I’m not really a computer person, and BASIC really isn’t so “basic” to me… but I am fascinated by the talents of Bill Gates and I especially love the story of his beginnings. When he was in eighth grade, the Mothers Club at his school raised money to buy a block of computer time on a GE computer for the school’s students. Gates enjoyed that time so much, and showed such promise in programming, that he was excused from his math classes to allow him more computer time. His teacher should be applauded for recognizing his potential and allowing him to soar with his strengths!
For many years after his first contact with computers, Bill Gates hyper-focused on his talent for programming and, eventually, became famous for it. No doubt he tapped into a few other strengths along the way as well. If I were to guess, I’d say he probably has some business thinking, focus, charisma, and persistency — but of course, I’ve never interviewed the guy, so I couldn’t really say for sure.
Here is something I do know for certain, though. While Bill Gates obviously has a handful of jaw-dropping, mind-boggling talents, if we were to make a list of the things he is NOT great at, it would surely be significantly longer. And, that just doesn’t matter.
- It doesn’t matter if he can throw a backdoor slider.
- It doesn’t matter if he can read over 300 words per minute.
- It doesn’t matter if he can sing on key.
- It doesn’t matter if he can swim the 200-meter butterfly.
Bill Gates had the perfect talent match for the job he was expected to do — and that’s what matters. Only our strengths can really make us famous.
This applies to both sales and sales management as well. Like Bill Gates, we all have a few strengths that we can really hang our hats on and a much longer list of weaknesses that will never really be our “thing.” If you hire someone into a position that allows them to use their strengths all of the time – then their weaknesses just don’t matter — they will succeed. If you try to fit someone into a job that forces them to do the things they are not good at all the time, they won’t. Bill Gates would never have made it as an opera singer.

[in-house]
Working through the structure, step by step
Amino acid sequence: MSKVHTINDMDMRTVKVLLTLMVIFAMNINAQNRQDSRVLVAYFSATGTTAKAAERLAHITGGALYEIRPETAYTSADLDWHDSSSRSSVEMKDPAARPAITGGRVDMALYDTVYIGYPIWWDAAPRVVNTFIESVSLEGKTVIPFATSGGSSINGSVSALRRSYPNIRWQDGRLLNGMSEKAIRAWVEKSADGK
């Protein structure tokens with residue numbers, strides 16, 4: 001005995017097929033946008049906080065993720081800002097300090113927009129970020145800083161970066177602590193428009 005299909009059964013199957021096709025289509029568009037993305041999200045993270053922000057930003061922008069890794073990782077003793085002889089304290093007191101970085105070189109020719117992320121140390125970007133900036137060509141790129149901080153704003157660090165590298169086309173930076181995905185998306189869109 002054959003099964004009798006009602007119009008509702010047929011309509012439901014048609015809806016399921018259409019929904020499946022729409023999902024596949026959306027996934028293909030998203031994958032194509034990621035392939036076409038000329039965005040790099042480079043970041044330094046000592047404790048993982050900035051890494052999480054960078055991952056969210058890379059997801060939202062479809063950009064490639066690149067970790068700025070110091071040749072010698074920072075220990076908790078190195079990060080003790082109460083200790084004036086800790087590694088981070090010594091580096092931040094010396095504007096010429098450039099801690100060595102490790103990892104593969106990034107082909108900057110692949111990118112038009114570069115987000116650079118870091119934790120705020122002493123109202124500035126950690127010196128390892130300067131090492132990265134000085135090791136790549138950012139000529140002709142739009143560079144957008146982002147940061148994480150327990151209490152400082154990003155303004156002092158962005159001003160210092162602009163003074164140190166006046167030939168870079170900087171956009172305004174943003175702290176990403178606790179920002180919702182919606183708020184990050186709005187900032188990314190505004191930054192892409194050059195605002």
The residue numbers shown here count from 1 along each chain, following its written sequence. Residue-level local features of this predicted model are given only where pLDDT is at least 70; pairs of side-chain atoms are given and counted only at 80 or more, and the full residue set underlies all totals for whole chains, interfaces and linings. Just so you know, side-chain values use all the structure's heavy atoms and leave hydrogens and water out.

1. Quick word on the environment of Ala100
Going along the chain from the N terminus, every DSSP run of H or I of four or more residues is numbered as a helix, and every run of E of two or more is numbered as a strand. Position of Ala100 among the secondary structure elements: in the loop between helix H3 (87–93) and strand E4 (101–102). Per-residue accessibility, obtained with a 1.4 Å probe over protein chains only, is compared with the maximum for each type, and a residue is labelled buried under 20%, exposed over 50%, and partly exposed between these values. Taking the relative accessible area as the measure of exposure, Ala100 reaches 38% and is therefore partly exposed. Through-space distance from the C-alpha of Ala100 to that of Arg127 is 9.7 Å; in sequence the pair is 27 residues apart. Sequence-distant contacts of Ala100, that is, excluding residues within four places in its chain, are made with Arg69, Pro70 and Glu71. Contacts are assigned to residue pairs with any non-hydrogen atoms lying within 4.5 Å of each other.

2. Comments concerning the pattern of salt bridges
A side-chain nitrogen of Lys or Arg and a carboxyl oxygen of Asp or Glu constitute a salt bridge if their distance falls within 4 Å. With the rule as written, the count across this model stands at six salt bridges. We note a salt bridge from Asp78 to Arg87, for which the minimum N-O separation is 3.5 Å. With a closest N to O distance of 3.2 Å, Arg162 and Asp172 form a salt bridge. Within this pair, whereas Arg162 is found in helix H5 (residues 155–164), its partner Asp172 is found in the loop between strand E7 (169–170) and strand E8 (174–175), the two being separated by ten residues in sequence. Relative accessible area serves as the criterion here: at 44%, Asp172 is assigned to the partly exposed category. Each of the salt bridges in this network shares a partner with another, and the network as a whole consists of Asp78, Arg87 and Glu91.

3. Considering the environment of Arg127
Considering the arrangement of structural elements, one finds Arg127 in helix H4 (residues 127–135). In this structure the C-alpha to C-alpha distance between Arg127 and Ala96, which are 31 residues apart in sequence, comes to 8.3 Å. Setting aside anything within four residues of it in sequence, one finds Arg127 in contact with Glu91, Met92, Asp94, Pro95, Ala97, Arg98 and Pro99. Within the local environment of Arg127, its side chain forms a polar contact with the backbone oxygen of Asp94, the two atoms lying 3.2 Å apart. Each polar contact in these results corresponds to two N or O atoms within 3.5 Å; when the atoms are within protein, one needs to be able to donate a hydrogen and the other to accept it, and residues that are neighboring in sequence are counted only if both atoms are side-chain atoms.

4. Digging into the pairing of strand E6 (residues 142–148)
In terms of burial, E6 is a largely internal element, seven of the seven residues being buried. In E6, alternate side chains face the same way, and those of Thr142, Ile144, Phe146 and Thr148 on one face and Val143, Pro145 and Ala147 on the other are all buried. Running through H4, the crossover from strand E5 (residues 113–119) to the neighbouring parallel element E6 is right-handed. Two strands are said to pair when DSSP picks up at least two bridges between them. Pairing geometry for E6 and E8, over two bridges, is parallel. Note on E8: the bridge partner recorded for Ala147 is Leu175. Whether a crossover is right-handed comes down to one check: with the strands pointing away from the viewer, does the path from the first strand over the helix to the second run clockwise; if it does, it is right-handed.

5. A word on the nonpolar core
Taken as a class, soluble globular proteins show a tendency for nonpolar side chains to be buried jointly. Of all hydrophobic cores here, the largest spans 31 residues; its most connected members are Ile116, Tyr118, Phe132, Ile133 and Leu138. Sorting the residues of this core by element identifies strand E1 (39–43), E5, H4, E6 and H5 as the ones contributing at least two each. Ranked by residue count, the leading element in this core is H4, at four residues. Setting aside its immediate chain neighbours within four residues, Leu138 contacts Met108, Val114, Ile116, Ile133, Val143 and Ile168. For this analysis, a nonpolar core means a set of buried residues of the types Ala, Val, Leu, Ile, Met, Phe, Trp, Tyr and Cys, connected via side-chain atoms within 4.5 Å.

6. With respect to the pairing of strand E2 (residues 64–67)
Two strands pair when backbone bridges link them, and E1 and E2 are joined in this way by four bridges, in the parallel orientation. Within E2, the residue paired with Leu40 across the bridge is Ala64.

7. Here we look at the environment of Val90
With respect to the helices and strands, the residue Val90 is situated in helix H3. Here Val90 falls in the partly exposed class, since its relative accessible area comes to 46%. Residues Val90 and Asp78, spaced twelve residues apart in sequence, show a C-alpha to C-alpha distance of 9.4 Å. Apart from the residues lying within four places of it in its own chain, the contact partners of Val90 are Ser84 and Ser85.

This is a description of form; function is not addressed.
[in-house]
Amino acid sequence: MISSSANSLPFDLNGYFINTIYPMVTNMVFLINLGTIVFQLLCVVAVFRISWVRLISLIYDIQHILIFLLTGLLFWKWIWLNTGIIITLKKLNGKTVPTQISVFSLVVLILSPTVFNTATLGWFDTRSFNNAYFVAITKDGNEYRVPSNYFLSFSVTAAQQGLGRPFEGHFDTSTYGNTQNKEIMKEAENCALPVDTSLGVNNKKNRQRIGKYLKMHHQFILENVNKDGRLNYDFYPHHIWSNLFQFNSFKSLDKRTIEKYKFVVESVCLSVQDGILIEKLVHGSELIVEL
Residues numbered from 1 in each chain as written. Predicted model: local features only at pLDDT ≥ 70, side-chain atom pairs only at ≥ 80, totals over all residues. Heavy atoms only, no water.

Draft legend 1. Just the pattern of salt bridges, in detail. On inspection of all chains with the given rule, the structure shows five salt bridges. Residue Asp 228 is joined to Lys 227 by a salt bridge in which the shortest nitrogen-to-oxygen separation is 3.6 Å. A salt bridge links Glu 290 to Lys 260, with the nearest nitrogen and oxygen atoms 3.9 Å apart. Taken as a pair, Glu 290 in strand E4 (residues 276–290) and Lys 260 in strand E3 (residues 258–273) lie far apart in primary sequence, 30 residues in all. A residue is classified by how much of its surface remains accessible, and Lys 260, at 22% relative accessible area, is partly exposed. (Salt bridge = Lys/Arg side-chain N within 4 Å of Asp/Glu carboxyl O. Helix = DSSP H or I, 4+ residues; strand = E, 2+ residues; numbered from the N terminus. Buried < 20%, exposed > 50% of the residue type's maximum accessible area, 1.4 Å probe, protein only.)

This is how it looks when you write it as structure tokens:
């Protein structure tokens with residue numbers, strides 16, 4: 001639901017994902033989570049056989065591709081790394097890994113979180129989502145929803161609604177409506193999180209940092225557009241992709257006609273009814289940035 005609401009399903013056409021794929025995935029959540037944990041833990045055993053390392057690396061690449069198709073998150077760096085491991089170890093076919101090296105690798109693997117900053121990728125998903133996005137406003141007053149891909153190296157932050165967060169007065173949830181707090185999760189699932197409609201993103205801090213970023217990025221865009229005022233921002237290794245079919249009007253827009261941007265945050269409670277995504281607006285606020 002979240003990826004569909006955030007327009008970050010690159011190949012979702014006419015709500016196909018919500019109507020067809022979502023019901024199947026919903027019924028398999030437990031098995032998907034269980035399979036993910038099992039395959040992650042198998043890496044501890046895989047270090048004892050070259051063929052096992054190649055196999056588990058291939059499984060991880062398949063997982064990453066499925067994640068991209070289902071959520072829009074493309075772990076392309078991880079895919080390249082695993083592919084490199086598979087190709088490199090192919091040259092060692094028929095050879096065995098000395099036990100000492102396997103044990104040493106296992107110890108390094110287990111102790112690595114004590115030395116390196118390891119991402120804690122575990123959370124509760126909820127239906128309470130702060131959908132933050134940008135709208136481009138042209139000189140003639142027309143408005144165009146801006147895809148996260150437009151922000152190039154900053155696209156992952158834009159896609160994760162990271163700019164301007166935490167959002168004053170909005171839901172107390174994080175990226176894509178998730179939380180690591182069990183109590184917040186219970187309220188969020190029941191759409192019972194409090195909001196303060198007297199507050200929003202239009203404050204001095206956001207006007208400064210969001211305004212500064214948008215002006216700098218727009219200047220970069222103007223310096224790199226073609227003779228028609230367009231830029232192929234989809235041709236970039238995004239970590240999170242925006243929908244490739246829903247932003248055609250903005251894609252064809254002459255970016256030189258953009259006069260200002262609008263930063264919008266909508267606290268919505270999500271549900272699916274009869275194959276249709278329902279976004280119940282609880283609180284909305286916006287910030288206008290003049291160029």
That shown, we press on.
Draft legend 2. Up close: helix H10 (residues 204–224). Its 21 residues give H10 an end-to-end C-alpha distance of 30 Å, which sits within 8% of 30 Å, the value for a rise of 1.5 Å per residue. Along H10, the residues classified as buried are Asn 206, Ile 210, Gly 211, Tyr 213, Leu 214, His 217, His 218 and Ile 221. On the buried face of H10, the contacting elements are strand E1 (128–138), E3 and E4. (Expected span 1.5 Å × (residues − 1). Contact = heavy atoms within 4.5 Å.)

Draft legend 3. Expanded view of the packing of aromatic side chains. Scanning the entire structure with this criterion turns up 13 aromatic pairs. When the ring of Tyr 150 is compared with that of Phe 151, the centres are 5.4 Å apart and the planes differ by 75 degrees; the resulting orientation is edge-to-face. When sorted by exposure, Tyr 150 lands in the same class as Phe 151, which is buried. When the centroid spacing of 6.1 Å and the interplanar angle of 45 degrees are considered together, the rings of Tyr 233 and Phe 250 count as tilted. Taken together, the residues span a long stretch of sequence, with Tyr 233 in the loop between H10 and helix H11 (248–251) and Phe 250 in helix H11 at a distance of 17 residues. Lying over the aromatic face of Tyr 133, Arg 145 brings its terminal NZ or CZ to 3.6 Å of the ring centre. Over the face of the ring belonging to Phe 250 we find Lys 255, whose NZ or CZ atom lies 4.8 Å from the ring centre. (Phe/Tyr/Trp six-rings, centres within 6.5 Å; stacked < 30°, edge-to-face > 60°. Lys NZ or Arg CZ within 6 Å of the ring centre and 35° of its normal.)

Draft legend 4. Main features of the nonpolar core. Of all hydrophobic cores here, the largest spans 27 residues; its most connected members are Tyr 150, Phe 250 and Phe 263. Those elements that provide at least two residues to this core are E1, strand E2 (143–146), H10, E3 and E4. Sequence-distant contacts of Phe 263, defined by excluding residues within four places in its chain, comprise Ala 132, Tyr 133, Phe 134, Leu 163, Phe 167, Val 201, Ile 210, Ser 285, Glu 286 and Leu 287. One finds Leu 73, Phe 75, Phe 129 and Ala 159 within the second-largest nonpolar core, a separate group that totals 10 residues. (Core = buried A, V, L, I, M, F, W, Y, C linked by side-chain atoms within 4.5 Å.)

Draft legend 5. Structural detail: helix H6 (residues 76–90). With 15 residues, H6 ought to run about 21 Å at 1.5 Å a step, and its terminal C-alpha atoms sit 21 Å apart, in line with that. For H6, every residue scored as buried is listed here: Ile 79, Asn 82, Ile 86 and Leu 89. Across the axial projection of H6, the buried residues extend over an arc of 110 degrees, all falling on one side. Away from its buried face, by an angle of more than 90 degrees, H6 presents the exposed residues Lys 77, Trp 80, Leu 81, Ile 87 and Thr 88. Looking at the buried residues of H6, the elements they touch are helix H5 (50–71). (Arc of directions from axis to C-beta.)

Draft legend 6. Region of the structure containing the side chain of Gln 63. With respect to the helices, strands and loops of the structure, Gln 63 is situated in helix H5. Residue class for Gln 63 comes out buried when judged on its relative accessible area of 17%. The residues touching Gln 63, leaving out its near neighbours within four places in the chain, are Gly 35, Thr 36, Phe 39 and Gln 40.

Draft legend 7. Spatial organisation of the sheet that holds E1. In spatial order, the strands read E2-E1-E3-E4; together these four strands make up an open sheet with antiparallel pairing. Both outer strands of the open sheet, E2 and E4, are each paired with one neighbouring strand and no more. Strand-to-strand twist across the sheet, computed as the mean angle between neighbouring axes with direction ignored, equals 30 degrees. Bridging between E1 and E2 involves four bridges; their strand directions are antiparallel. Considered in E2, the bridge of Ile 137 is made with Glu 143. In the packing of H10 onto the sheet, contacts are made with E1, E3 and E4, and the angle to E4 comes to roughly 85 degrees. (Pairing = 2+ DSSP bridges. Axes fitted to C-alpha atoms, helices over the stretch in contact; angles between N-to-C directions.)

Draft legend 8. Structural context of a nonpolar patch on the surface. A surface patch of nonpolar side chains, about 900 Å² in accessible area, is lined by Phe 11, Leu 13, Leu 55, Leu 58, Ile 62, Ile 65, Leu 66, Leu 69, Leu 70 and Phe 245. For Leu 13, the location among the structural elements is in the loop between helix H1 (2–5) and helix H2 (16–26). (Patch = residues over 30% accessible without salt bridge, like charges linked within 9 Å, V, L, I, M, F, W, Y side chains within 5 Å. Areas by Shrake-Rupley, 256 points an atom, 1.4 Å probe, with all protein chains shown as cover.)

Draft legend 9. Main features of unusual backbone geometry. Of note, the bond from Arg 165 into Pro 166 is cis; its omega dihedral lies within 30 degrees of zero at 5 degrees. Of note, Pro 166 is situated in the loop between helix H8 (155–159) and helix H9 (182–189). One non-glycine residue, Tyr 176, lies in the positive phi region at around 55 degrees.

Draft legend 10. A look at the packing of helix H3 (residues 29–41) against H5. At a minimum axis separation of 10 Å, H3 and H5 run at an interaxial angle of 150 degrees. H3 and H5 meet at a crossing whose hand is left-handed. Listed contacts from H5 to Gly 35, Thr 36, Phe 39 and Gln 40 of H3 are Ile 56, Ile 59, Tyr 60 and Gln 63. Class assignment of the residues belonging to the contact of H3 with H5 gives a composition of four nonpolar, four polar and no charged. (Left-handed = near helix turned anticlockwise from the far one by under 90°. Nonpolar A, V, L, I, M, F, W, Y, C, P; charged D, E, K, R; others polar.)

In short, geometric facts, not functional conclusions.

So, when you have the opportunity to hire, how do you make sure that you make the right match?
- Maintain a strong talent bank — when you have an open position you will have the luxury of being more selective and better at matching talent to task.
- Analyze the job — before you consider who you might interview, put the open position under the microscope and examine it carefully. For example, when hiring an Account Manager, you will want to ask yourself which accounts you will assign, how much new business development you will expect, and the kinds of expertise you will need.
- Spec it out — make a list of the abilities and functions that are your “must haves” and on which you just won’t bend.
- Share your list with others so they can get a clear picture of exactly what someone will need to be successful in this job, and ask them for the names of people that sound like the right match.
- Use a proven talent instrument that can confirm for you whether your candidate does indeed have the right stuff.
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